It’s always a pleasure to drive to Portage for the annual induction ceremony for the Manitoba Agricultural Hall of Fame, especially since it’s around berry season in mid-July and you can head home with a supply of strawberries and saskatoons from roadside stands along the way.
In recent years the crowds seem bigger than ever. The bleachers at the Glesby Centre are filled not only with friends and family of the inductees, but also with those who may not know them personally but who come to honour their contributions. That makes it a great social event, and an opportunity to see people that you might otherwise only meet once a year.
The real reason, of course, is to recognize those who built agriculture in Manitoba. It’s notable however, that most of the inductees have not been just added to the financial bottom line of the industry, but who have also been drivers in building their communities.They are 4-H leaders, municipal councillors, farm organization leaders and general volunteers for their area and beyond.
That makes the event a nice reminder that ultimately, that’s what farming is all about – building a life for family and community. It’s also a reminder that today’s generation has something to learn from those who have preceded it.
Though we’ve never heard one of those “It was so tough back then that…” statements at a Hall of Fame event, for many inductees, it was tough back then. Starting a farm or community from scratch was no easy job in times when there was scarce money, transportation and health care. Then there were two World Wars and the effects of losing so many young men for several years, or forever.
Last week, one of the people accepting the award was former premier and governor-general Ed Schreyer on behalf of his late father-in-law Jake Schulz, the founding president of the Manitoba Farmers Union (MFU). Farm politics these days may be a bit testy at times, but steam is mostly blown off in press releases and letters to the editor. Back in the 1950s it consisted of one-on-one fiery rhetoric at packed meetings, and police were called to break things up at least once.
There are still a few old wounds from old battles between Manitoba Pool and the MFU. Perhaps in an effort to heal them, Schreyer acknowledged and regretted some of the bad blood, but noted that some good things that emerged from the idealogical battles of those days, cash advances and even medicare among them. He wondered if we aren’t too afraid of confrontation these days, and whether new and better things might also arise from more vigorous discussion.
An interesting observation at a time when we can all retreat to our own favourite Internet chat room, often anonymously, and pretend that we’re participating in the public-policy process. Would we still have strong farmer-owned grain companies today if there had been more debate?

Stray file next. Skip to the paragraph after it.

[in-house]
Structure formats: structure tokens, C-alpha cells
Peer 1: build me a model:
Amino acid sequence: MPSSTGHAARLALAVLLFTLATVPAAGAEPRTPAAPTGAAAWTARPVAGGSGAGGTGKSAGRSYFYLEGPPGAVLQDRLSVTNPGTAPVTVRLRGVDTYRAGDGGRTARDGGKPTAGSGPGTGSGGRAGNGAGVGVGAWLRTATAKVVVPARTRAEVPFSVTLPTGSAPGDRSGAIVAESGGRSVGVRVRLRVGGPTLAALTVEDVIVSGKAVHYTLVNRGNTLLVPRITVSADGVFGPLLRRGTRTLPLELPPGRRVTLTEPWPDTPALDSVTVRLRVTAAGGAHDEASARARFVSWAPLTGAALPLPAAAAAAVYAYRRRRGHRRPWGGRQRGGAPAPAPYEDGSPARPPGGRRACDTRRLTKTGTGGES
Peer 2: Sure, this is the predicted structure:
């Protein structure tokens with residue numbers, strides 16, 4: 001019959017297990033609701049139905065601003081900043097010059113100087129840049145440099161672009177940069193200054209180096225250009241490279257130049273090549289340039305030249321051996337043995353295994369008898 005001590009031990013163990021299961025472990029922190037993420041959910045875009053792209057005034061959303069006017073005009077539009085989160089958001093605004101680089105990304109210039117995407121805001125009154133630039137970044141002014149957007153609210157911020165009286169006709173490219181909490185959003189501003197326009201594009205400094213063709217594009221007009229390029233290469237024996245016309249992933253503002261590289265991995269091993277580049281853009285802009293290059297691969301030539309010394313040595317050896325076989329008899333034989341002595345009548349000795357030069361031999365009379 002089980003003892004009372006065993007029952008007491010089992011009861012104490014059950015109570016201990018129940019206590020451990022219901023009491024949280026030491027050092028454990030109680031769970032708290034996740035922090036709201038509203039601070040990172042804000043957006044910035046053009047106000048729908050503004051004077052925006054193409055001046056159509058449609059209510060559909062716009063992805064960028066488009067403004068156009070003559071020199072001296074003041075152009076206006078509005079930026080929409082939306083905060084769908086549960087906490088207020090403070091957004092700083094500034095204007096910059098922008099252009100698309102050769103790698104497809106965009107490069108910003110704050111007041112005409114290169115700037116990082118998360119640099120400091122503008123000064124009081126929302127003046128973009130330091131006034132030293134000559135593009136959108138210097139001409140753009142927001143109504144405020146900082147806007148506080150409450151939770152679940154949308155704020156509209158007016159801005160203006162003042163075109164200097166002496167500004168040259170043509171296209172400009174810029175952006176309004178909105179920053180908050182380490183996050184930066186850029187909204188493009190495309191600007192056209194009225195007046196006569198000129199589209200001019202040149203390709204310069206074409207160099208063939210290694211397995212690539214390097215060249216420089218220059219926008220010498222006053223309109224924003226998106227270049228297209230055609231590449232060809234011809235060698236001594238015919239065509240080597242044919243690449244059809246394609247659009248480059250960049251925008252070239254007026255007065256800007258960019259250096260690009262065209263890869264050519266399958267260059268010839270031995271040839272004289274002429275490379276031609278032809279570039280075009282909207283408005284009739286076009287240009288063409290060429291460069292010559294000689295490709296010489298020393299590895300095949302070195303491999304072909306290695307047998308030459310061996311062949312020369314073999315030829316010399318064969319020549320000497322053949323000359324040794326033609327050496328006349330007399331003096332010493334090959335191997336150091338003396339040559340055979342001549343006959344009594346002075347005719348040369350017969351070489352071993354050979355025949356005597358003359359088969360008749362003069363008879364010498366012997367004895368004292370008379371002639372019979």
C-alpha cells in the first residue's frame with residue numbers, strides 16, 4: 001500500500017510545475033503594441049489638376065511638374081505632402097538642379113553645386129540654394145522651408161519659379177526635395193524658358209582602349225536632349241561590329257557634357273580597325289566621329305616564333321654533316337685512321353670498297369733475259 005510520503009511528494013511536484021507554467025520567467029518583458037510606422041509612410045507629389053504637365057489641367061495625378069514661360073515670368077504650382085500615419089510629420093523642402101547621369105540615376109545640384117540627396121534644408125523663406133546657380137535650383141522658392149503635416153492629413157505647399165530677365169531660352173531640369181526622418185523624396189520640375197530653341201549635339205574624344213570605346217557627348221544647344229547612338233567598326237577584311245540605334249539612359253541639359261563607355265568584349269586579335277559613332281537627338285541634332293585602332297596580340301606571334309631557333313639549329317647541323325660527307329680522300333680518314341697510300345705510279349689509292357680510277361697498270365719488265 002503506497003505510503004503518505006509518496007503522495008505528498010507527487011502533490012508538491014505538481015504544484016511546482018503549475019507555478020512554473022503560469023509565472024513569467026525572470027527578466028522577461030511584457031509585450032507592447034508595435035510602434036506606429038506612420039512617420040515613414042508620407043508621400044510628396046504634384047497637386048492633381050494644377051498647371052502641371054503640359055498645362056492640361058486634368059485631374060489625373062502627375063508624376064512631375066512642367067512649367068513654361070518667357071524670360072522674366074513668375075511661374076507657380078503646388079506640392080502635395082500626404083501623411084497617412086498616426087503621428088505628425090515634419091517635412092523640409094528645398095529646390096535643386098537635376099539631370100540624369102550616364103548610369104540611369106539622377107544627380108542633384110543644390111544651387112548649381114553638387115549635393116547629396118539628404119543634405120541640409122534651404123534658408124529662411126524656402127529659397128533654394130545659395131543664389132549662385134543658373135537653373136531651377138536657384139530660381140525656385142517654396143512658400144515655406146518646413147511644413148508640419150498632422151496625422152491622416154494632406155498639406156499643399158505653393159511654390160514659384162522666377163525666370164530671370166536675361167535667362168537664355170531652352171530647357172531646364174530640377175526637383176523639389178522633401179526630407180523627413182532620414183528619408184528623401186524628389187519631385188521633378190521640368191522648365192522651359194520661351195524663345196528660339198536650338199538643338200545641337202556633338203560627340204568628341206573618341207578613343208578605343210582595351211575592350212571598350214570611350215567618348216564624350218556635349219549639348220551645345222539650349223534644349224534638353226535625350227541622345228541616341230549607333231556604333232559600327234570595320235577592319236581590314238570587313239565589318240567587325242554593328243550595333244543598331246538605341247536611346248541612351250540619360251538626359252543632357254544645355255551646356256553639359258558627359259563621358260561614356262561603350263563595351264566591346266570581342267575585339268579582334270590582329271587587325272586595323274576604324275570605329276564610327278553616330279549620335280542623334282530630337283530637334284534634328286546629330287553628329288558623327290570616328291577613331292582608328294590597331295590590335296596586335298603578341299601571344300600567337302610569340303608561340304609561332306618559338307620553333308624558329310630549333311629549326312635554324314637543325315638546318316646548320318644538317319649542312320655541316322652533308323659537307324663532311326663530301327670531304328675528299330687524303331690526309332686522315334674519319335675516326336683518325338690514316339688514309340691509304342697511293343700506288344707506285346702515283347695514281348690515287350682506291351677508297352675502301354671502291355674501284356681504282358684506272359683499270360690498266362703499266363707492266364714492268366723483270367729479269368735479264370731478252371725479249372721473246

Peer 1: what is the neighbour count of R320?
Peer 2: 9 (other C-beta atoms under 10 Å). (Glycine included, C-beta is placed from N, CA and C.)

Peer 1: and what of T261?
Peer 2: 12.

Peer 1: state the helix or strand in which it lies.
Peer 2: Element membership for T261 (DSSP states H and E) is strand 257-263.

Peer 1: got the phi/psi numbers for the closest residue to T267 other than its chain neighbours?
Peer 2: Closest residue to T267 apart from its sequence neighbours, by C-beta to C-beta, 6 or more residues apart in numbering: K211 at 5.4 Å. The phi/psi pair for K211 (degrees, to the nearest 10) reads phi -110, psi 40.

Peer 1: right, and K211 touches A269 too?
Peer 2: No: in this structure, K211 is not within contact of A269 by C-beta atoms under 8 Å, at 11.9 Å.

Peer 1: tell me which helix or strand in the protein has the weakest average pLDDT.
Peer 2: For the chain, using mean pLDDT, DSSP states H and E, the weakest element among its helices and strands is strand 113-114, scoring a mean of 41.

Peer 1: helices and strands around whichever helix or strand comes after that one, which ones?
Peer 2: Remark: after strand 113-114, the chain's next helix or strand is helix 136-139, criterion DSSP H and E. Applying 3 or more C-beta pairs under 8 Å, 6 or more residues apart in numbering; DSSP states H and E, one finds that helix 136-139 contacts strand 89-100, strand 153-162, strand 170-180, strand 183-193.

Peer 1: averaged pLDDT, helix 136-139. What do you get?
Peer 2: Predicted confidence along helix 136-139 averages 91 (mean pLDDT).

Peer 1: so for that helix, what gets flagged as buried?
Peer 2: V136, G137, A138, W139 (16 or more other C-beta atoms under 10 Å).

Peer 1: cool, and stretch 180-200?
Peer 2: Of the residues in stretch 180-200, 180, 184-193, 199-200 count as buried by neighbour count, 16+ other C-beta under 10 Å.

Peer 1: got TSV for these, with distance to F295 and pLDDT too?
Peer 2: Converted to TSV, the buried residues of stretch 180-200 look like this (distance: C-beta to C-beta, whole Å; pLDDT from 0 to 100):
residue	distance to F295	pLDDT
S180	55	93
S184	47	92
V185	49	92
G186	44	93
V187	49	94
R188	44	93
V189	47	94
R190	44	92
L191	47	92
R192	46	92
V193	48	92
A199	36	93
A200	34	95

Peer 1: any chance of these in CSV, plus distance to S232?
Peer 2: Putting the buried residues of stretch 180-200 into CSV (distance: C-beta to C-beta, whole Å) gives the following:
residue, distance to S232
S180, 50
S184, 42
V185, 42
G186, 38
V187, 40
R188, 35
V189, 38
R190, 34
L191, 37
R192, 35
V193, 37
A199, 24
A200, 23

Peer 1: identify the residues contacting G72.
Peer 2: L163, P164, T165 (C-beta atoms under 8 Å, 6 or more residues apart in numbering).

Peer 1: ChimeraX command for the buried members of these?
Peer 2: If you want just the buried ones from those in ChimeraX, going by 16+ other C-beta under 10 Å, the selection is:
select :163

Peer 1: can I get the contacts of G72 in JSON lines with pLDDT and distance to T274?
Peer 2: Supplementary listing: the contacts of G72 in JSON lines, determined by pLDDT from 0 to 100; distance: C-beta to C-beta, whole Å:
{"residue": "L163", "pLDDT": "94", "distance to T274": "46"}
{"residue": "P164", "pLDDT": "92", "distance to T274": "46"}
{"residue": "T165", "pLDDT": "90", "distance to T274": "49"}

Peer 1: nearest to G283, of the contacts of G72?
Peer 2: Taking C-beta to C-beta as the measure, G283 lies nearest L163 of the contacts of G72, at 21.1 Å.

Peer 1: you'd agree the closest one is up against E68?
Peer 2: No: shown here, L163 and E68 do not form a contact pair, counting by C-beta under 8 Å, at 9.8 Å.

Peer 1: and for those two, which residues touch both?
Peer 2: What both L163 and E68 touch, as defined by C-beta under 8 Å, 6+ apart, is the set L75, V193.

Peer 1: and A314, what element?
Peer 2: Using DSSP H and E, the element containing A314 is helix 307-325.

NOT COST, BUT VALUE
Cam Brown, another Hall of Fame inductee last week, took the opportunity to do what he called a “bit of editorializing.” He said that during his career, one of the most important things he’s learned is the value of a system providing fair weights, grades and financial assurances – in other words, the work of the Canadian Grain Commission.
Government regulation tended to go out of fashion for a while, but it’s back big time following the world financial meltdown. Canada’s regulation of its banking system is now being held up as a shining example to the world.
This reputation is not new when it comes to grain. A few years ago, during a course for buyers from 18 countries, we had a session on contract specifications with a U. S. representative of an international grain inspection firm. He started by saying that if you were only buying Canadian grain, you had nothing to worry about and didn’t have to pay any attention to his talk.
It’s impossible to overestimate the value of a reputation such as that, based on assurances of independent, third-party quality certification underwritten by the Government of Canada.
Part of that quality package is the integrity of the variety-registration system, and the assurance of quality through the inspection system for pedigreed seed. Last week seed growers were told that in five years, the Canadian Food Inspection Agency would cease certifying pedigreed seed. In the meantime the CFIA is going to full cost recovery and doubling inspection fees to $1.50 per acre.
There are two parts to the issue. One is cost, which ultimately will be paid by farmers at a time when they are being nudged toward using more pedigreed seed. The end of KVD makes them responsible to guarantee wheat variety, and pedigreed seed was one of the solutions for ensuring this year’s flax crop is GM free.
But the most important part of this issue is not cost, but value. While the inspection might be done by a private firm, the value of the service is many times greater if the buyer knows it’s backed by government. The CFIA and the agriculture minister should reconsider. [email protected]